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January 10, 2017
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Senate Republicans need only 50 votes to begin the process of dismantling the Affordable Care Act this week, but at least three GOP senators are publicly pushing back against the effort to repeal ObamaCare without a plan to replace it, and five GOP senators introduced an amendment Monday night to give Congress until March 3 to write legislation to repeal parts of the law. Under a budget resolution bill on which the Senate plans to vote Thursday, congressional committees have until Jan. 27 to write up the repeal plan.

Sen. Rand Paul (R-Ky.), who says he will unveil his own replacement proposal this week, has been leading the push to repeal and replace ObamaCare at the same time. He says that President-elect Donald Trump called him Friday evening to support Paul's strategy. "He called after seeing an interview that I had done [talking about] that we should vote on ObamaCare replacement at the same time," Paul told Politico on Monday. "I'd hate to characterize his opinion on it other than he agreed with me that we should do it that at the same time," he added. "There is momentum growing for it." He said he would vote for a standalone repeal bill if that was the only option.

Under the plans from GOP leaders, Republicans would repeal as much of ObamaCare as they can right away with a filibuster-proof budget maneuver, then come up with a replacement within three years. Any replacement measure would require at least 60 votes in the Senate, meaning eight Democrats would have to sign on. Then Trump would have to sign on. "I want to see the game plan in terms of how you actually enact replacement," Sen. Ron Johnson (R-Wis.) told CNN Monday. Sen. Lamar Alexander (R-Tenn.), chairman of the Senate health committee, said "it's much more prudent to figure out where you're going to go from here, and attempt to do it all at the same time," adding, "People will see some of the flaws in just repealing only."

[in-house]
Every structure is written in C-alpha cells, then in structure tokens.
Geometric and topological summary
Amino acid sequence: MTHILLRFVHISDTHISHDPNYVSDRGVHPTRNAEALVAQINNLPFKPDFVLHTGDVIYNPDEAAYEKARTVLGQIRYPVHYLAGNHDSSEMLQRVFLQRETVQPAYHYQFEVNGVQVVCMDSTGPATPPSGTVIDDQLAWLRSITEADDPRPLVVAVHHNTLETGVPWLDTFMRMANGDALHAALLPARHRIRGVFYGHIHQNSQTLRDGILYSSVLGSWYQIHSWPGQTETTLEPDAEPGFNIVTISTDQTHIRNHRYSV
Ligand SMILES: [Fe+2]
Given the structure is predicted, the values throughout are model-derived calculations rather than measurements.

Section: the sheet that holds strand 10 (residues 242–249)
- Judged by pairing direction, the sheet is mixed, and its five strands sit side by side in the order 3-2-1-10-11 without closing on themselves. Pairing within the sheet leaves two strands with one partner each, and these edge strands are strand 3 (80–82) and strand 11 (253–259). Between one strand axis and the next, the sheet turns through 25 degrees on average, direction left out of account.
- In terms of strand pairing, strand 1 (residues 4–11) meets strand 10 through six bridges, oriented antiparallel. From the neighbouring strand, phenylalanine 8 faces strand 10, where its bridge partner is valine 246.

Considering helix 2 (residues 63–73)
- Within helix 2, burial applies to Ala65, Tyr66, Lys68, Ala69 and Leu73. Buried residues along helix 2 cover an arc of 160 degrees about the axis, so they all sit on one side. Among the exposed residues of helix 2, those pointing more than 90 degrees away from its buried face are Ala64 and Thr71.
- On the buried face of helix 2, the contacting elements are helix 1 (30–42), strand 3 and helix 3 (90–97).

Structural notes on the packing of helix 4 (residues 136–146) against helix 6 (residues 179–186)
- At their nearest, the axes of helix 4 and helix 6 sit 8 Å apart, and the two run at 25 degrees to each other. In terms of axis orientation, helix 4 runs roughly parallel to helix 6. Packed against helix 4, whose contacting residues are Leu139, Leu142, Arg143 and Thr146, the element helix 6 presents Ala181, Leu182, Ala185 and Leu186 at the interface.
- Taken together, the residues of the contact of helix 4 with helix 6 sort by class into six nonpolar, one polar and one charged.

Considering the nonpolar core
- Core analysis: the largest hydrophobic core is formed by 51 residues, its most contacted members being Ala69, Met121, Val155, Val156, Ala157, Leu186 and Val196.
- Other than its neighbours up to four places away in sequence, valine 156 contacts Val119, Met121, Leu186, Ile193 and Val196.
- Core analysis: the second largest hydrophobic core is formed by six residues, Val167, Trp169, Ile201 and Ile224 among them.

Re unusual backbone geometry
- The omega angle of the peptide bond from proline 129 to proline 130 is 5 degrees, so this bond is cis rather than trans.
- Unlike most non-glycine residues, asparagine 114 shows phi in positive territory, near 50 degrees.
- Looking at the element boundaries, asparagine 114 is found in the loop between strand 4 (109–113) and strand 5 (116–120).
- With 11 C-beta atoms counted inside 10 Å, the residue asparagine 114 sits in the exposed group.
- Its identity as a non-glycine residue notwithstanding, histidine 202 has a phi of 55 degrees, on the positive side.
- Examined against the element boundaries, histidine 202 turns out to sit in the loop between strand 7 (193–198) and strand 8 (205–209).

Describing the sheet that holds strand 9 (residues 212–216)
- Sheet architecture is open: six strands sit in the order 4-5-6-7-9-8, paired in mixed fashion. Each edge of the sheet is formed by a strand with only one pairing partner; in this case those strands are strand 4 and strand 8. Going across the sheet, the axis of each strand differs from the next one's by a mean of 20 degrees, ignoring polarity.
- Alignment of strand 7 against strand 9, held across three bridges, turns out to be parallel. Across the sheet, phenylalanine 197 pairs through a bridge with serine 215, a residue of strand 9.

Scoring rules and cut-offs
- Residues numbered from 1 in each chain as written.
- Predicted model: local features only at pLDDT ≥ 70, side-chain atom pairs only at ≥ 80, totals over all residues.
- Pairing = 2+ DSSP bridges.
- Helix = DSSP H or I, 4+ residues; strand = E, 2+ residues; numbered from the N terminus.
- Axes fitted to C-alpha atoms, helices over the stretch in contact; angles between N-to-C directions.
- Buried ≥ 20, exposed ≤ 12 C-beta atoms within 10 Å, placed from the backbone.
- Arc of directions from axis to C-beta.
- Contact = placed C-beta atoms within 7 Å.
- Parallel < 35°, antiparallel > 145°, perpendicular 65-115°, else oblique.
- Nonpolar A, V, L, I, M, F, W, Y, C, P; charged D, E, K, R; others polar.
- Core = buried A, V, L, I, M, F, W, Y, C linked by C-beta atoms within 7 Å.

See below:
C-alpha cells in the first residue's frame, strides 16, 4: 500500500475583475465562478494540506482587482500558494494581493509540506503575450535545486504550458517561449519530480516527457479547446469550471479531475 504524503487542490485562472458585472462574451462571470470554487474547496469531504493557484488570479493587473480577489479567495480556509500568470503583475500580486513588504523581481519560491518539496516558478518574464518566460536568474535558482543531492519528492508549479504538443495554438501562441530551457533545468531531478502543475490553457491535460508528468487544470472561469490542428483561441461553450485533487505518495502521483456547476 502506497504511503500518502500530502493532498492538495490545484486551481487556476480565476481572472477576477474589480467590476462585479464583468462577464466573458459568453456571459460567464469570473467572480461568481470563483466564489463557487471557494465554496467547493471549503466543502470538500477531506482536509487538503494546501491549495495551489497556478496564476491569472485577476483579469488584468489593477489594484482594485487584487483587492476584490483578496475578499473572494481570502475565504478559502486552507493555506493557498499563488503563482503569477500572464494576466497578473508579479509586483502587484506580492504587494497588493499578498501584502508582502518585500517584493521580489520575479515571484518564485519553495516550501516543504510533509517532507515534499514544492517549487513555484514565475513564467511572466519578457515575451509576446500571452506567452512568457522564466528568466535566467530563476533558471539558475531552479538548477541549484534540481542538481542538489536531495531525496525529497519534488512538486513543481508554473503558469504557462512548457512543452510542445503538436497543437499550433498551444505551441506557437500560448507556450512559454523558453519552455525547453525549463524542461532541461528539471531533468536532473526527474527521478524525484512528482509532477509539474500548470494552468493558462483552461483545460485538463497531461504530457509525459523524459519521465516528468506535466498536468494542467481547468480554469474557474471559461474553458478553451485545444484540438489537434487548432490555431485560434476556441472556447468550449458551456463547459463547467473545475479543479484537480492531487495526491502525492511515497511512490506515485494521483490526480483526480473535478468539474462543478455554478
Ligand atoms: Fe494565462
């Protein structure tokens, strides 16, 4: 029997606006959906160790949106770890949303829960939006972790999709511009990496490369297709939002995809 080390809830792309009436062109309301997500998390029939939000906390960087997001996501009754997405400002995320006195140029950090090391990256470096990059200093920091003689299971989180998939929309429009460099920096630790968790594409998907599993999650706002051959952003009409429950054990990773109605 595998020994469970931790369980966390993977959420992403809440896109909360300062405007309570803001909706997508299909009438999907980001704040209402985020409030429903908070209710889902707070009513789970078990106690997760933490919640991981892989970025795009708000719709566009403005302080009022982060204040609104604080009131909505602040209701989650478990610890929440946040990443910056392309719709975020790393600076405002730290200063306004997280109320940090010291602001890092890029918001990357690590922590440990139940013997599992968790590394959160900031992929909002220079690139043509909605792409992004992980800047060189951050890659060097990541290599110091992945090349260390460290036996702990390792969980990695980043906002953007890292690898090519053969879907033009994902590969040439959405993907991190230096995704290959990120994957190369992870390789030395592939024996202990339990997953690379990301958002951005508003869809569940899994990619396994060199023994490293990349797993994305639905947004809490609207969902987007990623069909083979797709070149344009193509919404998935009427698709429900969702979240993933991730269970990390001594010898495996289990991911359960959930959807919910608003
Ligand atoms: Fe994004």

Trump has a love-hate relationship with CNN, so Republicans who want to influence policy may want to take a page from Rand Paul's playbook and make their case on a program Trump actually watches. Peter Weber

8:37 p.m. ET
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On Thursday morning, the White House is expected to announce its proposal to merge the Departments of Labor and Education, a person with knowledge of the matter told The Wall Street Journal Wednesday.

Over the last month, the White House has gone through a review of the different cabinet agencies, looking for ways to make the federal government smaller. The merger would likely need to be approved by Congress, and isn't the only change being eyed by the White House; there's also been discussion of renaming the Department of Health and Human Services to something closer to its previous moniker, the Department of Health, Education, and Welfare, The Journal reports.

The Education Department is already one of the smaller government agencies, with 3,900 employees, while the Labor Department has 15,000 employees. Catherine Garcia

8:00 p.m. ET
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Ivanka Trump tweeted on Wednesday evening how thrilled she is that her dad, President Trump, signed an executive order that stops the separation of children from their parents at the border.

Nowhere in her tweet did Trump note that it was a self-made crisis, as her father's administration was behind the policy. "Thank you @POTUS for taking critical action ending family separation at our border," she said. "Congress must now act + find a lasting solution that is consistent with our shared values; the same values that so many come here seeking as they endeavor to create a better life for their families."

Before Wednesday, Ivanka Trump never publicly commented on the policy or news that infants and toddlers were in "tender age" facilities, although the president said after signing the executive order that his daughter and first lady Melania Trump both pressed him to do something about the forced separations. On Sunday, the first lady's office said she "hates to see children separated from their families," and wanted Democrats and Republicans to unite for comprehensive immigration reform. A White House official told The Washington Post that over the last few days, Melania Trump, an immigrant from Slovenia, "became even more vocal about her thoughts and opinions on the topic." Catherine Garcia

7:15 p.m. ET
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After actor Peter Fonda tweeted about her 12-year-old son, Barron, on Wednesday morning, first lady Melania Trump had her office contact the Secret Service.